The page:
It was earlier this week when Cleveland Indians manager Terry Francona noted parallels between Abreu and what he remembered of an emerging Cabrera. Francona was clear not to say that the two are on the same plateau right now, because Abreu is five months into his major league career and Cabrera has won the past two MVP awards, picking up a rare triple crown in the process.
Mostly, Friday night’s differences were rooted in the clear separation of the two teams on the field. Cabrera’s Tigers are in second place but remain in playoff contention. Abreu’s White Sox are fading fast, like a team that has resigned itself to the fate of another losing season.
Cabrera was 0-for-5 and largely invisible during the Tigers’ easy 7-1 victory. Abreu made noise all over the place, with three hits, including a double, and also making two errors as his club was soundly defeated.
If Abreu aspires to be Cabrera one day, a big part in the torch-passing will have to come through things completely out of his hands. The White Sox are going to have to put a solid team around their big slugger as the Tigers have done around theirs -- and then Abreu is going to have to lead it into October.
While the first part of the White Sox’s rebuild created early-season optimism as Abreu took off and Adam Eaton showed his grit, it has been evident since that the areas of the roster not yet rebuilt have tugged the club in the wrong direction.
Abreu is headed toward an obvious rookie-of-the-year award, but it’s not what he has on his mind as the final month looms.
“It is difficult,” Abreu said of the team struggling while he has individual success. “To me there is not an individual agenda in this game. It’s a team game. When you don’t get the results you want as a team, there’s something missing there. I have to be thankful too, a lot of my success has been because of the team. So I’m thankful for that as well.”
By the time Friday’s game ended, Cabrera had stuck it out to the end, while White Sox manager Robin Ventura replaced Abreu with Dayan Viciedo at first base in the ninth inning. The two offensive forces aren’t quite on the same level just yet.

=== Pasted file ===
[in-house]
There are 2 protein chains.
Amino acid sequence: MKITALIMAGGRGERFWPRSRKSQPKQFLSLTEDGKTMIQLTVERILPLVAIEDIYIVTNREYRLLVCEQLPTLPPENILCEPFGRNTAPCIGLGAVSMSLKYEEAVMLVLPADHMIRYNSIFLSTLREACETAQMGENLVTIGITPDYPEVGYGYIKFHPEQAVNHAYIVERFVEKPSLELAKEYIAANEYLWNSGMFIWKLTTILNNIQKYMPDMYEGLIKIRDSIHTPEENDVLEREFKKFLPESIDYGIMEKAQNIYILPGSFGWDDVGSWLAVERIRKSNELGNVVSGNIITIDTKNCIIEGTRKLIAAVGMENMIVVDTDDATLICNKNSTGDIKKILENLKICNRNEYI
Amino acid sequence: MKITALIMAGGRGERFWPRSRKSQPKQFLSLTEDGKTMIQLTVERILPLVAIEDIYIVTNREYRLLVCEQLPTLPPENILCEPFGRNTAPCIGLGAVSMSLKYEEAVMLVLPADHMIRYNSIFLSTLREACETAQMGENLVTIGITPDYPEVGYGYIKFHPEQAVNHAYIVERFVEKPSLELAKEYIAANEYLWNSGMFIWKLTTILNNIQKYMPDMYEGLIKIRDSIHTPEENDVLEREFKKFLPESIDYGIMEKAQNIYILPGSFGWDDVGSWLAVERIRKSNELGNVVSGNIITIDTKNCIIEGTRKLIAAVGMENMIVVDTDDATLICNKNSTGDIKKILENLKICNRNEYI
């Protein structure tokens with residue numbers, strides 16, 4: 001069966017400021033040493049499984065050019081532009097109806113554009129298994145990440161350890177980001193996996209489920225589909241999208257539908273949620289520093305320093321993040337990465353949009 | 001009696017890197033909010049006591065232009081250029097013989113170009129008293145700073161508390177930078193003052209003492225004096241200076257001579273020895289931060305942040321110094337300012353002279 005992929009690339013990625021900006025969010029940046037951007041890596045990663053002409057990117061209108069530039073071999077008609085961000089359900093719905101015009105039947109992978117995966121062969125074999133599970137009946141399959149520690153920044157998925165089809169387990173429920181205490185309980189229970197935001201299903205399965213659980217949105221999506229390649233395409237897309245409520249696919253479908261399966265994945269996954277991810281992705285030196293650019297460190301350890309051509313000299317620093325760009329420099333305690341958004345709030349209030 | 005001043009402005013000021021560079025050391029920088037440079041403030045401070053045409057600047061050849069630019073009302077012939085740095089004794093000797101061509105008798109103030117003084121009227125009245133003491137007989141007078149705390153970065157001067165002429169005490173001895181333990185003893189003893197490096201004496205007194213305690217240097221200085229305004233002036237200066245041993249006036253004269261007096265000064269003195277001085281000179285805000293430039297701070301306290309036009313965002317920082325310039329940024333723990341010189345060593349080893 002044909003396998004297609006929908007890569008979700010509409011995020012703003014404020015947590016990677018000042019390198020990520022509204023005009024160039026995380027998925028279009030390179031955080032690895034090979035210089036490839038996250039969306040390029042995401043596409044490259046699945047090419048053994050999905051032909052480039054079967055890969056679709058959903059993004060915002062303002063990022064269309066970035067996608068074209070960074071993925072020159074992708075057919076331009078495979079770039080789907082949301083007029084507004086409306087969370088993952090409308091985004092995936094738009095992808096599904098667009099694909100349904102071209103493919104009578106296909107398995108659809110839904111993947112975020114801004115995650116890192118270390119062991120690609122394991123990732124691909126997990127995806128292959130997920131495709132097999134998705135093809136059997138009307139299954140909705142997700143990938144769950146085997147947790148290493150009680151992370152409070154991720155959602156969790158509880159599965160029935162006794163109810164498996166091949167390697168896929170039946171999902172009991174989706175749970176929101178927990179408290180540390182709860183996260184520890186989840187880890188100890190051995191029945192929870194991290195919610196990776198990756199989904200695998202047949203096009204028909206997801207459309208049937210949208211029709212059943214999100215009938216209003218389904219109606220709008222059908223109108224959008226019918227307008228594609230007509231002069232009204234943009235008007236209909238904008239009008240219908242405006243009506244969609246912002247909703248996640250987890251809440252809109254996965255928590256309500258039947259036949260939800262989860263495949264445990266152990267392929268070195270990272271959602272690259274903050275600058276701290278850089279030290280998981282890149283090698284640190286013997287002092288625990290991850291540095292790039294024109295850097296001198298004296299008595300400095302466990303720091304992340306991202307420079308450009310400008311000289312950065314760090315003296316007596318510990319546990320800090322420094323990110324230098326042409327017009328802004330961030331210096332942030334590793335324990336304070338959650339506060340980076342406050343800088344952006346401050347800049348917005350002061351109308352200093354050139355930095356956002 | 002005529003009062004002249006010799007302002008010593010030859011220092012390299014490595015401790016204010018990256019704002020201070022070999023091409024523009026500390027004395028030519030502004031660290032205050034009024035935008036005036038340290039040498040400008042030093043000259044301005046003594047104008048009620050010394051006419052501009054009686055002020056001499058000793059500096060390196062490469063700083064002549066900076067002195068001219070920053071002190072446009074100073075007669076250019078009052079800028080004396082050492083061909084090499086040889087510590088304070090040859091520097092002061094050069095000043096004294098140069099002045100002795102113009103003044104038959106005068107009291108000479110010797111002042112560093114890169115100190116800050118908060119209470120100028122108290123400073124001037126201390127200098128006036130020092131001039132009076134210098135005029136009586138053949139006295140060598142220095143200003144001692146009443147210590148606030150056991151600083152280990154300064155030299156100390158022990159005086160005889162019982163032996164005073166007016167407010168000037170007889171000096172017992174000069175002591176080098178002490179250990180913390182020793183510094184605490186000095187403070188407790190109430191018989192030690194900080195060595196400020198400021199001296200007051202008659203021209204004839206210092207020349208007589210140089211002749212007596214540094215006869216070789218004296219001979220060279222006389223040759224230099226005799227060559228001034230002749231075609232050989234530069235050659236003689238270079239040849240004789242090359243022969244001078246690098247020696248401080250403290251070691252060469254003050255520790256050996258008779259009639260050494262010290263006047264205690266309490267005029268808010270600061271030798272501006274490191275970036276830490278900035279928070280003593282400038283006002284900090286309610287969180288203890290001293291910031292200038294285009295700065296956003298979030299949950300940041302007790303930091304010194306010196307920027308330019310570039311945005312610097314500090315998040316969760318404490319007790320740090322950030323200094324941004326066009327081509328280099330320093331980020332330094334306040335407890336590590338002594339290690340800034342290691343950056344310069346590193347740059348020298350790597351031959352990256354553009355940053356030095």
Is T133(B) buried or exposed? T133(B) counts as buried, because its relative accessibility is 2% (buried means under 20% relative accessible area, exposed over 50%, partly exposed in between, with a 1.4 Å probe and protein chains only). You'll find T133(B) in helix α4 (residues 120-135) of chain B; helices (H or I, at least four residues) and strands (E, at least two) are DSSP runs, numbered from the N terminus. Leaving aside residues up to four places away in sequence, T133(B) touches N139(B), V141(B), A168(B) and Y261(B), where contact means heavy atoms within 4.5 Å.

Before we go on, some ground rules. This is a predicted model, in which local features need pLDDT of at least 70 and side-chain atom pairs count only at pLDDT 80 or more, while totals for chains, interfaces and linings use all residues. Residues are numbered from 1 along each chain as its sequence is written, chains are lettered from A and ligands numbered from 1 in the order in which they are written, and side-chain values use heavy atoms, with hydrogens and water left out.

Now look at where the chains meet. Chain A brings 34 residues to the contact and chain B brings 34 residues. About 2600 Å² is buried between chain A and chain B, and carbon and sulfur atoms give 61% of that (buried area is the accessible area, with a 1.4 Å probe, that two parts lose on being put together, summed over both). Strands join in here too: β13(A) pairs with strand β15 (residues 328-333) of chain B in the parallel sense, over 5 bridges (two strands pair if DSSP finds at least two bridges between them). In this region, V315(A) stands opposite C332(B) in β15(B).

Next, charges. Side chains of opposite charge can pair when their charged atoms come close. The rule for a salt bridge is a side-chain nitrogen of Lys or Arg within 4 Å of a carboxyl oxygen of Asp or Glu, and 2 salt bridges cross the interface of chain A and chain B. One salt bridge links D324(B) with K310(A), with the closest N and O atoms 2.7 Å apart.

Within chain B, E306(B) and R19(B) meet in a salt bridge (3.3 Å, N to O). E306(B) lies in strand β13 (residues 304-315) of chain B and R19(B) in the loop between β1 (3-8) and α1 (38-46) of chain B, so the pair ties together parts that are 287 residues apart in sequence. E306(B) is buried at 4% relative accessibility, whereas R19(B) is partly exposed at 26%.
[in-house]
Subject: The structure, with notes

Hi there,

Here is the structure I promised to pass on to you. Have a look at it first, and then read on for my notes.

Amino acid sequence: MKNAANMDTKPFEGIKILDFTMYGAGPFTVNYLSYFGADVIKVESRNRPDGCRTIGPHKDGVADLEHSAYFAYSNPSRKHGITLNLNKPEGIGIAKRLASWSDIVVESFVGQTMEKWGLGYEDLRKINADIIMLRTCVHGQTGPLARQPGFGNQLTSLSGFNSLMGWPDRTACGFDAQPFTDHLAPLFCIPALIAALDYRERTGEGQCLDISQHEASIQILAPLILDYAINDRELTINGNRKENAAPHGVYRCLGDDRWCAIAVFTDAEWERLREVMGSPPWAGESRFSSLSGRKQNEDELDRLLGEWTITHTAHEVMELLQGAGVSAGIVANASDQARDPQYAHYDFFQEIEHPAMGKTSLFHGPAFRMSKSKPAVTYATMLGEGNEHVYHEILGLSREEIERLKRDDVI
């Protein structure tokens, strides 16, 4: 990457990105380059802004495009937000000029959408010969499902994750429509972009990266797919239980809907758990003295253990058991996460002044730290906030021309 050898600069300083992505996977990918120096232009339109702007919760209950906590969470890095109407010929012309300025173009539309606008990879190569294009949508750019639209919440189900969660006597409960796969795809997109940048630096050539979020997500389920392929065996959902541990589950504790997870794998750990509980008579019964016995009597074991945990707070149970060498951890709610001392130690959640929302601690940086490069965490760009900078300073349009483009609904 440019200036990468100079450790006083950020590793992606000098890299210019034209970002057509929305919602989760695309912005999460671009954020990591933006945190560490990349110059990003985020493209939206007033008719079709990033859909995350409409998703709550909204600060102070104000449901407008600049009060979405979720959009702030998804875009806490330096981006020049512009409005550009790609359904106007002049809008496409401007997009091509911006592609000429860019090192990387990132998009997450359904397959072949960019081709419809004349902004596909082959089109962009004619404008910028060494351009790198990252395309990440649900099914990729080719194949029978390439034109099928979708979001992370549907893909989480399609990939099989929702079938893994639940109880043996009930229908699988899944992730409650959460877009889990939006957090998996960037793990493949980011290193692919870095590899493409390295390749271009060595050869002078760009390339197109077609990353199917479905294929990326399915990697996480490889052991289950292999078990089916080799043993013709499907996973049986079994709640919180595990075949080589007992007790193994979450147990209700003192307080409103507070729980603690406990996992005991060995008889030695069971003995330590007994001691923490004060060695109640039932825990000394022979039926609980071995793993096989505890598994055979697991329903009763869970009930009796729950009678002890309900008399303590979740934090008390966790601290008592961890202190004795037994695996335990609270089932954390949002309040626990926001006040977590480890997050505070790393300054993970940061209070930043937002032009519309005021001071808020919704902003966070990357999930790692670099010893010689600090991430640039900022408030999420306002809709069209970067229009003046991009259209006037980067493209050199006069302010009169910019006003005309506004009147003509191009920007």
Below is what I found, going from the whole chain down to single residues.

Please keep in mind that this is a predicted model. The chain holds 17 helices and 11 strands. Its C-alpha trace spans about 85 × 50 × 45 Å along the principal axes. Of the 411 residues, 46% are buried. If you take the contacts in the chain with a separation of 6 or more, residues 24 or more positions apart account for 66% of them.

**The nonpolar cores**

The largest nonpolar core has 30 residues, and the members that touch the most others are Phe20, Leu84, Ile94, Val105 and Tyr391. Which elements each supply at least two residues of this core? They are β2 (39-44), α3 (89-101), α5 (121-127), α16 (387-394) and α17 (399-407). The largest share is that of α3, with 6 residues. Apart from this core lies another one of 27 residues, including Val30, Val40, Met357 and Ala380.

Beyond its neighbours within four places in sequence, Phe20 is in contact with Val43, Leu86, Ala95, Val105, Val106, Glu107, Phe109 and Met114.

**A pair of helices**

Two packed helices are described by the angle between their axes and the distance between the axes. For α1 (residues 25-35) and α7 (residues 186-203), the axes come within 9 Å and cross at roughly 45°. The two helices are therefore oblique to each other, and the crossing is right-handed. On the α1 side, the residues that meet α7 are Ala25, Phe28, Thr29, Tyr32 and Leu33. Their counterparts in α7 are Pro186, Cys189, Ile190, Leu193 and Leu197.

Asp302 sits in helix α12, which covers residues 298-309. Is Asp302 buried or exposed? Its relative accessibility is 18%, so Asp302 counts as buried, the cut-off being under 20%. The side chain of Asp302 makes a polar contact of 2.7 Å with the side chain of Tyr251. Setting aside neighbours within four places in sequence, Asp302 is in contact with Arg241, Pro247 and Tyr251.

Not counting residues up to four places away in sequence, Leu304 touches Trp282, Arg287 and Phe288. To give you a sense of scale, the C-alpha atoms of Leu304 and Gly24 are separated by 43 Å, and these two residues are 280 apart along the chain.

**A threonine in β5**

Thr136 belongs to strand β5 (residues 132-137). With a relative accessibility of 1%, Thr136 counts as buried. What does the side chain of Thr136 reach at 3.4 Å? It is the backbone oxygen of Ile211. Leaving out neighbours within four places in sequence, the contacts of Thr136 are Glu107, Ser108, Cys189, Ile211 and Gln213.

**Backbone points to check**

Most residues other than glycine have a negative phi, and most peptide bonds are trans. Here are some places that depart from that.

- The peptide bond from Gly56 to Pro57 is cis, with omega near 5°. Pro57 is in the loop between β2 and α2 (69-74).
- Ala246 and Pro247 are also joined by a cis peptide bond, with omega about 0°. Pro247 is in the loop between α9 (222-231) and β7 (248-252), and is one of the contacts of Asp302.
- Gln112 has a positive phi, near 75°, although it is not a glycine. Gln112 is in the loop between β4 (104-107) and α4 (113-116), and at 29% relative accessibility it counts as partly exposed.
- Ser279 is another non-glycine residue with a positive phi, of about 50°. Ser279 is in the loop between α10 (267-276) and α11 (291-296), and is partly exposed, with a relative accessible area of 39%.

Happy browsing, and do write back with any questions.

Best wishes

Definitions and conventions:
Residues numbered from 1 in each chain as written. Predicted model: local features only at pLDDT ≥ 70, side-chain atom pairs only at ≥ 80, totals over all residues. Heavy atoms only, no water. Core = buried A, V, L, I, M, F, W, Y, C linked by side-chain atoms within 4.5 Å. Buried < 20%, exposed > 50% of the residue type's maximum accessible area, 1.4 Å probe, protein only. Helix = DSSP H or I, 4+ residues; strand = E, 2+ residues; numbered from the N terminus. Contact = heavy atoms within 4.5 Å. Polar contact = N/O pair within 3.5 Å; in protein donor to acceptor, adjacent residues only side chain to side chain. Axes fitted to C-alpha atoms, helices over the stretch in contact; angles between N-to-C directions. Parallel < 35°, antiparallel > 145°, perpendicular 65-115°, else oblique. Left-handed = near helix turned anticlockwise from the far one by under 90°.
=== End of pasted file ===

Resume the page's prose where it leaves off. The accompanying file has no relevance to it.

“There are some similarities there, but Miggy was much younger [when he was a rookie],” Ventura said in reference to the Tigers veteran, who made his debut at age 20; Abreu, meanwhile, is 27. “But you start looking at what they do and mechanically there are some very similar things that they do, that Jose reminds you of Miggy early in his career. It will evolve.
“You don’t really like putting that on anybody because Miggy has that respect throughout the league. Jose is getting there. People do respect him, but there’s a ways to go to get to that level.”
As for the differences in the teams, Ventura tried to remain positive, but it’s all about the future for the White Sox.
“There are pieces, but you just have to get better, and who knows how that's going to go in the offseason,” Ventura said. “We like pieces that we have and you just continue to build on it. Right now is probably not the time to be looking that way because you're probably going to look different when you go into the offseason.”
Perhaps if the White Sox had something to play for, it would be less evident that they are out of gas this month. But nobody, particuarly Abreu, is admitting to giving in just yet.
“It’s been the same as the other months; I don’t see anything different,” Abreu said. “Personally and as a team we continue to work on the same things. We keep our routines going. We’re not doing anything different. We’re very close to September now and personally I feel really good.”